Using FBM with a Business Ad Account gives your more features which at the end of the day help you to get more targeted, and thats what you want. You can generate custom audience segments based on your own data and behaviour of your audience. By using the Facebook Pixel on your website we can start to understand not just how many people are going onto your site, but what they do when they get there. Do they sign up for more info? Do they buy something? Or do they just get lost and never return? Understanding those kind of interactions is vital to help you succeed at Facebook advertising.
How Facebook is getting Smarter
All the time we spend online is generating a staggering amount of data, and it’s growing. I’m told that 90% of all data generated since the beginning of time has been captured in the last 18 months, and that Facebook has collected over 1,000,000 data points on every one of its users.
Facebook is so much more than just a website we use on our computers, they also own the top 4 mobile apps in the market: Facebook App, Instagram, Facebook Messenger App and a few other things including the number one messaging app in Europe, WhatsApp. So, pretty much everyone is on Facebook, even those who think they are not are probably feeding Facebook’s data pool right now.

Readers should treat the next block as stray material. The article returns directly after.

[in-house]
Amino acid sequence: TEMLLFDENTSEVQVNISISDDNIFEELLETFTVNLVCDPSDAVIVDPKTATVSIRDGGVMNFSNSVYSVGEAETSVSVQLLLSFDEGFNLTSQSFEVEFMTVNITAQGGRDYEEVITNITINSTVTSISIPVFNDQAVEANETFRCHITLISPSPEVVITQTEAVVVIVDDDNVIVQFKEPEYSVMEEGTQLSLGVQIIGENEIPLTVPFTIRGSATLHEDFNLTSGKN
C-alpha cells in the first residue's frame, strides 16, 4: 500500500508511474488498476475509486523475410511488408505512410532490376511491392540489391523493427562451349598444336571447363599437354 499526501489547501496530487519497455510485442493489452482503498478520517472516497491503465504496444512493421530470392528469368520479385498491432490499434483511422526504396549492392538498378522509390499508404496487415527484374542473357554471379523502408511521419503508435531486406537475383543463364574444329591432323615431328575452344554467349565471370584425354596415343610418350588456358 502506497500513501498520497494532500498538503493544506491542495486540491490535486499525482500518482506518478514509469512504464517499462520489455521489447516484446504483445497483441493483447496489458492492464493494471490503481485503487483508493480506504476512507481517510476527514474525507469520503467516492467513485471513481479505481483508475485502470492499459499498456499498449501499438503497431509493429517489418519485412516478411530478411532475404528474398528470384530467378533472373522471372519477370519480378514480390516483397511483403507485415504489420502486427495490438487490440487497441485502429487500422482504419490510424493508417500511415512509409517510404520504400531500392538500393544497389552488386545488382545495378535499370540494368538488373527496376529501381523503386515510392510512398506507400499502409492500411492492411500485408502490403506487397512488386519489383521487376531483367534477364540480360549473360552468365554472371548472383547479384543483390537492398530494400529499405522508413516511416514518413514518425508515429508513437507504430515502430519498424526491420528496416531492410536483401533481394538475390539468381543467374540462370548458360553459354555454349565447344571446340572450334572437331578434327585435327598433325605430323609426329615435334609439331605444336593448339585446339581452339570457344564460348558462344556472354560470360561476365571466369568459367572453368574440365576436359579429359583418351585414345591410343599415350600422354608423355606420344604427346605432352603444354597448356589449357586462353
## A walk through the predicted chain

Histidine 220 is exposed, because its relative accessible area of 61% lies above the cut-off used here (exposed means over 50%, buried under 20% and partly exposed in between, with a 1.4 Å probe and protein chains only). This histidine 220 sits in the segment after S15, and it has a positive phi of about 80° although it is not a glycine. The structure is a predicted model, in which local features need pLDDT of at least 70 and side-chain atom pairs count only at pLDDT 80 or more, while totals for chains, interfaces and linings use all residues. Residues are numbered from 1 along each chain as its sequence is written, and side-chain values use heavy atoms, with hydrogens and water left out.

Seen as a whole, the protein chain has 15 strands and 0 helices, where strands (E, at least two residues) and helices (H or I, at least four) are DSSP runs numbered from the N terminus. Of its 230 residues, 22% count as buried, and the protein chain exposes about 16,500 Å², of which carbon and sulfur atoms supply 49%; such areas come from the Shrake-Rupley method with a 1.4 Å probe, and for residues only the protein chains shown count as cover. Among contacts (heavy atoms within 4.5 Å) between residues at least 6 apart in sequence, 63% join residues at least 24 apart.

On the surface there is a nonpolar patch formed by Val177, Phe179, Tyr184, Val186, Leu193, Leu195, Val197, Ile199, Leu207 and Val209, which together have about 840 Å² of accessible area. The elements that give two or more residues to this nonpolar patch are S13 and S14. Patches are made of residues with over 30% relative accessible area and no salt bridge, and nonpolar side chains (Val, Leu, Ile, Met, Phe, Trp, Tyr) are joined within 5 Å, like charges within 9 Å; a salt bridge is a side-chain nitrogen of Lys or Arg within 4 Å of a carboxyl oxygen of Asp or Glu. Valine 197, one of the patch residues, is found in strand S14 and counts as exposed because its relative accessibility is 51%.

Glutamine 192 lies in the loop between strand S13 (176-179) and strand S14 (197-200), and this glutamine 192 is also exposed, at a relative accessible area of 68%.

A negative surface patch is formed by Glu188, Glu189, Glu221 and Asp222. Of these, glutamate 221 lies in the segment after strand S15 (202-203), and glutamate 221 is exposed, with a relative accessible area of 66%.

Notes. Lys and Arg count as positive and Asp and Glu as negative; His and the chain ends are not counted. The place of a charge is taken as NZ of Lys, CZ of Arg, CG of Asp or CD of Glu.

If you are worried that Facebook is spying on you, you might be right, except that you probably gave them your permission already without even realising. The machine is learning, it knows what we like, what we write, what catches our eye and even what we say in private messages. With the rise of Smart Home devices and dominance of Smart Phones, it’s possible it even analyses what we talk about, that the App is listening and learning from what we say, the tone of our voice, what get’s us excited and what gets us upset.
Keep calm! Before you throw your phone on the floor and smash it, take a deep breath and remember that as individuals we are not that interesting. Your data is encrypted and even Facebook employees can’t pull up the records of a single person.